A committee comprising(A) / of eminent members (B)/ from various technical institutions was set up.(C)

This is an error spotting question which I think can be corrected by replacing comprising by comprised in part A or by omitting of from part B , Although my book suggests latter correction but I think the former correction is better since from the clause in part C it's explicit that the sentence is in passive voice so it's better to have part A in passive voice as well. Am I correct ?


Original: I would agree with you that the correction to "comprised of" is the better of the two options, but not for the reason you give.

If the sentence reads "A committee comprising eminent members...," then that means the committee makes up the members. That is illogical because the members are (each) singular people, while the committee is a collective.

What makes more sense is "A committee comprised of eminent members..." In that case, the singular members collectively make up the committee.

In either case, the sentence is still in passive voice because "was set up" is the main verb phrase, and it's passive. Everything from "A committee" to "institutions" is just one big noun phrase.

Edit: Interestingly, Merriam-Webster lists both opposite interpretations as possible meanings of comprise: the first meaning where parts comprise the whole, and the second meaning where the whole comprises the parts.

There is a nice editor's note about how the interpretation of the whole comprising the parts was most common for a long time but now, more recently, the parts comprising the whole (the version I say that I think is more correct above) has become more common.

All that said, I think it's fair to say both "A committee comprising..." and "A committee comprised of..." would be perfectly grammatical. Your textbook appears to favor the more traditional meaning, whereas I, apparently, have come to regard the newer meaning as more correct.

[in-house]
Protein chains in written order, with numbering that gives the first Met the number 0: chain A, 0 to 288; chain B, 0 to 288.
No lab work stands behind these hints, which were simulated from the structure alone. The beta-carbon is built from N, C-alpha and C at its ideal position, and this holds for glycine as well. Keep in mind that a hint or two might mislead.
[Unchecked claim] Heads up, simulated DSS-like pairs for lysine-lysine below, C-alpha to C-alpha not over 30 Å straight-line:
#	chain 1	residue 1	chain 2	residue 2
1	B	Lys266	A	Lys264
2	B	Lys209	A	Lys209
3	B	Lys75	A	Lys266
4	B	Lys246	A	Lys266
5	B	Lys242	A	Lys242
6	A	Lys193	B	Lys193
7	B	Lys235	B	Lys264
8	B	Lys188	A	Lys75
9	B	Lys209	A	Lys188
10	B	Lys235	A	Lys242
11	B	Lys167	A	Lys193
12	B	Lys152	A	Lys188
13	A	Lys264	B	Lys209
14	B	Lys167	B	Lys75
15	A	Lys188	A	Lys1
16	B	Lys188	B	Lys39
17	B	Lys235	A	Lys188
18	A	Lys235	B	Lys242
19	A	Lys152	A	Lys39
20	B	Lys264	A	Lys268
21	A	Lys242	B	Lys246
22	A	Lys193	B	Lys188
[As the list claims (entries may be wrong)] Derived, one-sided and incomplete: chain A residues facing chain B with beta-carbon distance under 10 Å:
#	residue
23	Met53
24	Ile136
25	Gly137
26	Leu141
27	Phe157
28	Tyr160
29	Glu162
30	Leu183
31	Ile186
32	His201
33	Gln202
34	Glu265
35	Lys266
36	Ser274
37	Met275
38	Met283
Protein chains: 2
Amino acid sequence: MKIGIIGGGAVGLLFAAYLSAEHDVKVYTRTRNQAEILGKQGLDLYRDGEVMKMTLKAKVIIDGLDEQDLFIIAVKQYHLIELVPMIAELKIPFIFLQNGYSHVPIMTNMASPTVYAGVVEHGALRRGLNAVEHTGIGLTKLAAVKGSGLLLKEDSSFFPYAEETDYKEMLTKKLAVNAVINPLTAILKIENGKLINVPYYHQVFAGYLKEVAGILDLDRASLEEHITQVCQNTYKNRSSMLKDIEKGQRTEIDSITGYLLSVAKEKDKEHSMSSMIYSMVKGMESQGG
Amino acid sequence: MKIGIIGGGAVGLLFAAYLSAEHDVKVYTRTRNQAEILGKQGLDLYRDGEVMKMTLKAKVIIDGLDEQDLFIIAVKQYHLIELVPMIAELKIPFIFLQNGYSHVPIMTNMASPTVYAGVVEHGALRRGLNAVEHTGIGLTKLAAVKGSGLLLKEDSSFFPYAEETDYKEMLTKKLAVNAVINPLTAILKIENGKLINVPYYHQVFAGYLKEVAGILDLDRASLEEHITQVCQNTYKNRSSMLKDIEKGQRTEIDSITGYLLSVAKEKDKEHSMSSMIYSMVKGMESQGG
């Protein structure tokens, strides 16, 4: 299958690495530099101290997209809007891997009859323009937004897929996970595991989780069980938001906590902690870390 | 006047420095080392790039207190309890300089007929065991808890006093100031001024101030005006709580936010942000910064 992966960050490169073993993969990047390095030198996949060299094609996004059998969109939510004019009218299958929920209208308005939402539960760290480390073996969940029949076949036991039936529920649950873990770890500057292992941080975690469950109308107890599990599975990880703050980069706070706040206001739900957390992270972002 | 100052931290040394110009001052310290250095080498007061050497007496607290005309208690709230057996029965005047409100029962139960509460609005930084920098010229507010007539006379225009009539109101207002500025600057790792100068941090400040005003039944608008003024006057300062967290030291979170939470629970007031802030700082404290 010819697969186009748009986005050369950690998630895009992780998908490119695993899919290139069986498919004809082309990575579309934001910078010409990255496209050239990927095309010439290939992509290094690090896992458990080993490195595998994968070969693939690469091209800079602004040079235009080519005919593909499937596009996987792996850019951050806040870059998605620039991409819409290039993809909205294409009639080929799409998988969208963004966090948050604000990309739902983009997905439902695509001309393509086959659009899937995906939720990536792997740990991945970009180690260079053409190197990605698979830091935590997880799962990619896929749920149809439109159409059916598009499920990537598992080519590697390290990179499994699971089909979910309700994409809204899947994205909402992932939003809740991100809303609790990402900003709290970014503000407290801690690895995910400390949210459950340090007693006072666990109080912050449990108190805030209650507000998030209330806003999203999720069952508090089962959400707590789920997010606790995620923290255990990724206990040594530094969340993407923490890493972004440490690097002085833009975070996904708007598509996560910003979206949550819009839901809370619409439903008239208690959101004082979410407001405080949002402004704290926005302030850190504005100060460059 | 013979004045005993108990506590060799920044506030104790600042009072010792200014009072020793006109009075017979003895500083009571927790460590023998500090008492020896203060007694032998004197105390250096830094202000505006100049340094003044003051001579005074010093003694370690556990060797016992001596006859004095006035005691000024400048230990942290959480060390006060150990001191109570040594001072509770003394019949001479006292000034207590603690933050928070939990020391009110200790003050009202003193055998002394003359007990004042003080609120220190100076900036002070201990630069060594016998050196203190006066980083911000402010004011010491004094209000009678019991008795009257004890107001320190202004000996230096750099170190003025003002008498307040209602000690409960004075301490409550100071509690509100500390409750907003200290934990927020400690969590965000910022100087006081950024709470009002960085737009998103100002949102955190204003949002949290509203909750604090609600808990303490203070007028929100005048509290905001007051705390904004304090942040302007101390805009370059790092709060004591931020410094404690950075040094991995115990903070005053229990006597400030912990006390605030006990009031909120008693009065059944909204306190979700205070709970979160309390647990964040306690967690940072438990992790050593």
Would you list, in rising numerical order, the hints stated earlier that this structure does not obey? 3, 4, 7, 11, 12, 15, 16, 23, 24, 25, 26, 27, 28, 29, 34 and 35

Both versions are completely intelligible either way – I would interpret the sentence the same way no matter which revision you made – but the one I argue for in the top half of this answer is the one that sounds more natural to my ear, as a native speaker of American English. Others may well disagree.

  • Sorry but I don't think your explanation is correct. Perhaps it didn't come home to me properly. I checked the meaning of comprise in dictionary according to which it means to include/to consist of . I am quoting one of the examples which are given in the dictionary : The advisory board comprises six members. This sentence is very much similar to the clause concerned and going by your explanation even this sentence will be illogical but it I don't think a dictionary will cite a wrong example. – user212388 Sep 7 '17 at 0:08
  • @user212388 Thanks for pointing this out. I consulted a dictionary before I wrote this, but only briefly to make sure I wasn't totally off-base. After digging in a bit more, I have edited my answer. Hopefully it's helpful to you. – cjl750 Sep 7 '17 at 0:30

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